Something then in rhyme. King. Biron is like an envious sneaping frost That bites the first-born infants of

the spring.

Biron. Well, say I am; why should proud summer boast.

Before the birds have any cause to sing?

Why should I joy in an abortive birth?
At Christmas I no more desire a rose

Than wish a snow in May's new-fangled shows;
But like of each thing that in season grows.

So you, to study now it is too late,
Climb o'er the house to unlock the little gate.
King. Well, sit you out: go home, Biron:

Biron. No, my good lord; I have sworn to
stay with you:

And though I have for barbarism spoke more
Than for that angel knowledge you can say,
Yet confident I'll keep what I have swore

And bide the penance of each three years' day.

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Give me the paper; let me read the same;
And to the strict'st decrees I'll write my name.
King. How well this yielding rescues thee
from shame!

Biron [reads]. Item, That no woman shall come within a mile of my court:' Hath this been 120 proclaimed?

Long. Four days ago.

Biron. Let's see the penalty. pain of losing her tongue.' penalty?

Long. Marry, that did I.
Biron. Sweet lord, and why?

Long. To fright them hence with that dread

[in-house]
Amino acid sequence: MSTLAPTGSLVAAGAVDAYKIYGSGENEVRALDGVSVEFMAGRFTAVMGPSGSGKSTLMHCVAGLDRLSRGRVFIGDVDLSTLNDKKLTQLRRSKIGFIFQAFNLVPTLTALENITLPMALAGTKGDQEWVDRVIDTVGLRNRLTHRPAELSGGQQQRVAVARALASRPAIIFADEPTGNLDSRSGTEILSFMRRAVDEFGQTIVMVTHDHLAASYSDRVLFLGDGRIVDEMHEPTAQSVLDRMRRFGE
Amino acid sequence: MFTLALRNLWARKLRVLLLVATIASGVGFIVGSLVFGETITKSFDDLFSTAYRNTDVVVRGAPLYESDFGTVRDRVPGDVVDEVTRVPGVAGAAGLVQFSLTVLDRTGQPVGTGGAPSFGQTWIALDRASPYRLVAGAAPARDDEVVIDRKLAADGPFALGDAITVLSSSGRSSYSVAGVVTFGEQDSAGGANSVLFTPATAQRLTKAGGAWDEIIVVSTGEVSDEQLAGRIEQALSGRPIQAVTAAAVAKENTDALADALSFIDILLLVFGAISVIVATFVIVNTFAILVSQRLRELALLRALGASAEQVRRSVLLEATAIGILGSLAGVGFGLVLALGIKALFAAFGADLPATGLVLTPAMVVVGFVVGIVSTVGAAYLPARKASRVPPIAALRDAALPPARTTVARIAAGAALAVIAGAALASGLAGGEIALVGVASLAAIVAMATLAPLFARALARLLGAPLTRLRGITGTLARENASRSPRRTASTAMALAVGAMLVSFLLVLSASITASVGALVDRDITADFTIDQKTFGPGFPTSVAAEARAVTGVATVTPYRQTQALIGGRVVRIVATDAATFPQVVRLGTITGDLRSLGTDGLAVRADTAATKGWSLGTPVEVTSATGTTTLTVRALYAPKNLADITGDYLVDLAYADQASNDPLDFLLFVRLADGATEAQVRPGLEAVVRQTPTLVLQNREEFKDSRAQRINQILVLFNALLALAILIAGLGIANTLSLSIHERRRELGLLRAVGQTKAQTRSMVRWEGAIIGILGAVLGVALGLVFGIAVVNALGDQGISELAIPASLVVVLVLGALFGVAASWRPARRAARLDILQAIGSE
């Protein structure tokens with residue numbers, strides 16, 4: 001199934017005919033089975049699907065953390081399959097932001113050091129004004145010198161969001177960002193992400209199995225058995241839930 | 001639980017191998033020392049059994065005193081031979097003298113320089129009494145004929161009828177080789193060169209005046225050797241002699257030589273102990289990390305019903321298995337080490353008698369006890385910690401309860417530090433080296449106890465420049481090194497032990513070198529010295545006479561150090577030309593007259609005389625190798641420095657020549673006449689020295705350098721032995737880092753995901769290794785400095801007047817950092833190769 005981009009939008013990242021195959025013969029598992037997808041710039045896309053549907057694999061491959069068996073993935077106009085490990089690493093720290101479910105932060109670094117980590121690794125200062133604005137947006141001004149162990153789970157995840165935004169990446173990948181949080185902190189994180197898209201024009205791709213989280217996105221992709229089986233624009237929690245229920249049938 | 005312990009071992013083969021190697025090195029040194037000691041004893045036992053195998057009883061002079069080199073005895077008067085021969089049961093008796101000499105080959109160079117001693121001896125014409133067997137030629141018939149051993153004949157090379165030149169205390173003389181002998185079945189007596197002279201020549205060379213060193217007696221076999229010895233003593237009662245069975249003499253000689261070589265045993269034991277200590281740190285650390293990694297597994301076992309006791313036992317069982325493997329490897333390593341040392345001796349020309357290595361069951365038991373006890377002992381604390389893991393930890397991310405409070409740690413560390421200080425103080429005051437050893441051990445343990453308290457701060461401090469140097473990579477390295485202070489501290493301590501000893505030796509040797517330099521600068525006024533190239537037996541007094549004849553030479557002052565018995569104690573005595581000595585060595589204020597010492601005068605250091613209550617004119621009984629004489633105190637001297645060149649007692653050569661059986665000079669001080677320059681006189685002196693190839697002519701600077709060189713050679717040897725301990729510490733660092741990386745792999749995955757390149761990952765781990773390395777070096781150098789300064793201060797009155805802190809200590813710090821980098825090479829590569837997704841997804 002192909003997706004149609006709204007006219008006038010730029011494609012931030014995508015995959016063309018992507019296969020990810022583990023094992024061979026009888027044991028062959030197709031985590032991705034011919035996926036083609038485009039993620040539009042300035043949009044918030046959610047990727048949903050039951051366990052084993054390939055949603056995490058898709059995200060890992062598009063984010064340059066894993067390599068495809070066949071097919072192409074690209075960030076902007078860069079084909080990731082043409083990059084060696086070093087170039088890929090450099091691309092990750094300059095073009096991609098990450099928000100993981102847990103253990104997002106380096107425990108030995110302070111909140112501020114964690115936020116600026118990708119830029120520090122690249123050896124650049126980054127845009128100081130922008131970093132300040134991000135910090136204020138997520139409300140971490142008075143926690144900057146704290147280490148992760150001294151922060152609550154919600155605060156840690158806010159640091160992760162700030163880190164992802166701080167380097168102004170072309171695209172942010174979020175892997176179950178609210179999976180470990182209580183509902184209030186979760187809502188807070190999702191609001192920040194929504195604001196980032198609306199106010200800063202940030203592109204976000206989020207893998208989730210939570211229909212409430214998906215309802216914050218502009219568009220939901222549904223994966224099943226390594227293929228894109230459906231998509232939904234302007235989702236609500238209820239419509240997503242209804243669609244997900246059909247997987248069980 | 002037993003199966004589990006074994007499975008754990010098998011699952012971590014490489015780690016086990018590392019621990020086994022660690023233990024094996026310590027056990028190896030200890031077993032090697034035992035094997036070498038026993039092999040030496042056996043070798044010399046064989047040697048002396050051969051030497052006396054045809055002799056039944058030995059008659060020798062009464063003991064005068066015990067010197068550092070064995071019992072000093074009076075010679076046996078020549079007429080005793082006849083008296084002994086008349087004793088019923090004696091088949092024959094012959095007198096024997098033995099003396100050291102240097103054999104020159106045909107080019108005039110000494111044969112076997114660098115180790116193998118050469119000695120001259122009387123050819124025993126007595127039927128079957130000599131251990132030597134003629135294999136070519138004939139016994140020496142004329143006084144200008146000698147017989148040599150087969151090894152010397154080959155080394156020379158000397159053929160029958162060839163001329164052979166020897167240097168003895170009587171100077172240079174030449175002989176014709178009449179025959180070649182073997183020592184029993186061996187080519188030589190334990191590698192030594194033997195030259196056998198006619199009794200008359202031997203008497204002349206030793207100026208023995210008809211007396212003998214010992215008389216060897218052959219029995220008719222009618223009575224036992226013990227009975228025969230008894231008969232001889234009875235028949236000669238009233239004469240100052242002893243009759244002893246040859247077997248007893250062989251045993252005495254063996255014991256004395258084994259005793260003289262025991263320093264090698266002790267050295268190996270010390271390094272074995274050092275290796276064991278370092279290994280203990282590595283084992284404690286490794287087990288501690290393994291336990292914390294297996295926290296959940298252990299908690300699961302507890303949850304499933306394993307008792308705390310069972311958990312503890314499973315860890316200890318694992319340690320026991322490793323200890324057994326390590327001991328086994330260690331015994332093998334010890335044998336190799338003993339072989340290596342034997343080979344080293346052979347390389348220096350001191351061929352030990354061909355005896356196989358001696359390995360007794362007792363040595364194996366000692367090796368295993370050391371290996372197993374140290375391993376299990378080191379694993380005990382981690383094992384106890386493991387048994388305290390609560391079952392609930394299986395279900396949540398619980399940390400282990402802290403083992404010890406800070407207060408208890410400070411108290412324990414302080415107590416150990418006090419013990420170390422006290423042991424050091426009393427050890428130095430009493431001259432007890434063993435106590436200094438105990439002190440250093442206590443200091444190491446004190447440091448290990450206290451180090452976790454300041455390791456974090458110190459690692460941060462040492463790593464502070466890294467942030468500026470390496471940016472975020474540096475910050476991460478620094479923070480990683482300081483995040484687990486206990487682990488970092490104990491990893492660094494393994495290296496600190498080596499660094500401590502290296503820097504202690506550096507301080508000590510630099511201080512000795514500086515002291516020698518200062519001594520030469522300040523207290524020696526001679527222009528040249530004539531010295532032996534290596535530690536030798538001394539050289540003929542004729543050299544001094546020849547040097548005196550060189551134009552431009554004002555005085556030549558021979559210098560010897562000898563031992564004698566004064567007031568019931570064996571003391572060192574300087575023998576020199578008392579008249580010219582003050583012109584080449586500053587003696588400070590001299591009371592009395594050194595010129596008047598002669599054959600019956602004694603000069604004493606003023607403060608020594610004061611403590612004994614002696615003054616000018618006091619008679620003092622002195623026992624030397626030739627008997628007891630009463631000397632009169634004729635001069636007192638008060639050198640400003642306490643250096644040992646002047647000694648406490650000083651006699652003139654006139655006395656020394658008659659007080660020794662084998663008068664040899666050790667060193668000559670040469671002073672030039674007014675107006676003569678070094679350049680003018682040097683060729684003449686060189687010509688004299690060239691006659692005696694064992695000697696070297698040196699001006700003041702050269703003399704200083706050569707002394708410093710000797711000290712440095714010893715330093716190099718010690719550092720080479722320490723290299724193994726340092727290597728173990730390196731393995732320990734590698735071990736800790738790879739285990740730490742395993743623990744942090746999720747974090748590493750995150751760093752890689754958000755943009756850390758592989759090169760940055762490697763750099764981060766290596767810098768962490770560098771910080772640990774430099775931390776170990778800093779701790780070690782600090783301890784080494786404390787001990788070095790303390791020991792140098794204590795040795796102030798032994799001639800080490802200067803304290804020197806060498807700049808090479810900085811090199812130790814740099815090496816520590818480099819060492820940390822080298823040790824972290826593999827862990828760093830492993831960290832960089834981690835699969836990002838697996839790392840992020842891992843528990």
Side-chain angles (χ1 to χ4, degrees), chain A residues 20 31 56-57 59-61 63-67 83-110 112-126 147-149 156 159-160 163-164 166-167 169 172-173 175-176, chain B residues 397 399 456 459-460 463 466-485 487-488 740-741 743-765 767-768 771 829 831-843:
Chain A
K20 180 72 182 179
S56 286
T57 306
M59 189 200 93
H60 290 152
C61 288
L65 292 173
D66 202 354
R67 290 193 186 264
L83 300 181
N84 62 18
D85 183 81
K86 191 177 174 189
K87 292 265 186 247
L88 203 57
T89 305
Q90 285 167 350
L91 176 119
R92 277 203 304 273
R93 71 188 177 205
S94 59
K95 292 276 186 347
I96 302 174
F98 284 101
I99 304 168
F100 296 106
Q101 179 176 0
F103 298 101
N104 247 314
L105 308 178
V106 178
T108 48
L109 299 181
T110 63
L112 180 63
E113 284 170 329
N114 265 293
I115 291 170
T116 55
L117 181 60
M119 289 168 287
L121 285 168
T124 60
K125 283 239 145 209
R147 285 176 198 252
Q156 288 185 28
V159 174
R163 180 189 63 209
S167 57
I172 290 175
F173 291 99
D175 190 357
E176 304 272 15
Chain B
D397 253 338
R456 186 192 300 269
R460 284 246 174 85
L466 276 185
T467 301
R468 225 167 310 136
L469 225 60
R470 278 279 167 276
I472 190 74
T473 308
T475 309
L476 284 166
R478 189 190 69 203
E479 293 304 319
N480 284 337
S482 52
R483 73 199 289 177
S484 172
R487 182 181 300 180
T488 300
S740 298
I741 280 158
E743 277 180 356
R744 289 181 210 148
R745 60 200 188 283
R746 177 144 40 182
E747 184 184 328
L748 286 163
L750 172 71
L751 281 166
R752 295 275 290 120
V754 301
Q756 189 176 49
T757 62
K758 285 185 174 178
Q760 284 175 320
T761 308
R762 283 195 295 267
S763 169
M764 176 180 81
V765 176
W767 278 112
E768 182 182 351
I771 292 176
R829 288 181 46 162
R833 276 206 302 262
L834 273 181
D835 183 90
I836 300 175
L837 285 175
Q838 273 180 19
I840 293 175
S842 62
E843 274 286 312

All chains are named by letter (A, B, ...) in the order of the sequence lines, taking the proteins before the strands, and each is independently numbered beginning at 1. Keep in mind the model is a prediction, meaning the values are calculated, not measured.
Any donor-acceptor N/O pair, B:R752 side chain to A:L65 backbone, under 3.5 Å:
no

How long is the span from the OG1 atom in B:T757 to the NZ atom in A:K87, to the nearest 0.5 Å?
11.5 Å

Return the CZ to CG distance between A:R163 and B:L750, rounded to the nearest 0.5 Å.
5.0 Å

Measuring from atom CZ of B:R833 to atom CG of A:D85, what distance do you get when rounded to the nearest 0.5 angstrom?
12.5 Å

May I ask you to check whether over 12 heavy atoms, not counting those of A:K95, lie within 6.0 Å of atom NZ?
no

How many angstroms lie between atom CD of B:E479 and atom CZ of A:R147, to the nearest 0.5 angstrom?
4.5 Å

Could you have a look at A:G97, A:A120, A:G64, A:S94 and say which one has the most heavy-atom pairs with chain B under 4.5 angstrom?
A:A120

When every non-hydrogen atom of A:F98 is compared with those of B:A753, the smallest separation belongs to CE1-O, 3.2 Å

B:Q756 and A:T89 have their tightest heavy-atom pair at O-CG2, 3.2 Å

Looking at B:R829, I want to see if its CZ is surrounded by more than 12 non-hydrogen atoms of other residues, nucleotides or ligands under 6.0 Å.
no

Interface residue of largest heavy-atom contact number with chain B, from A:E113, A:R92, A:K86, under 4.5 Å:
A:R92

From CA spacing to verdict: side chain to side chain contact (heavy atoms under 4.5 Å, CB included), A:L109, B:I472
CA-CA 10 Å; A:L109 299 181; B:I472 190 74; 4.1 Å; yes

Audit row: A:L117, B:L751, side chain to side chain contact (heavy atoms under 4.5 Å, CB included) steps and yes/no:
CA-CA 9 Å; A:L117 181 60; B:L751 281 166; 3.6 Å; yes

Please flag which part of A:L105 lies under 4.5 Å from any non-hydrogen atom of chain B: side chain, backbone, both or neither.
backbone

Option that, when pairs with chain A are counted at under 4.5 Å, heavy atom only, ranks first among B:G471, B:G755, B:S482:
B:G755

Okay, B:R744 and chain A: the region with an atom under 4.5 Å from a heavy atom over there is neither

Biron. A dangerous law against gentility!

[Reads] Item, If any man be seen to talk 130 with a woman within the term of three years, he shall endure such public shame as the rest of the court can possibly devise.'

This article, my liege, yourself must break;

For well you know here comes in embassy The French king's daughter with yourself to speak

A maid of grace and complete majestyAbout surrender up of Aquitaine

[Reads] 'On

Who devised this

To her decrepit, sick and bedrid father:
Therefore this article is made in vain,

Or vainly comes the admired princess hither.
King. What say you, lords? why, this was
quite forgot.
Biron. So study evermore is overshot:
While it doth study to have what it would
It doth forget to do the thing it should,

129. gentility, good manners.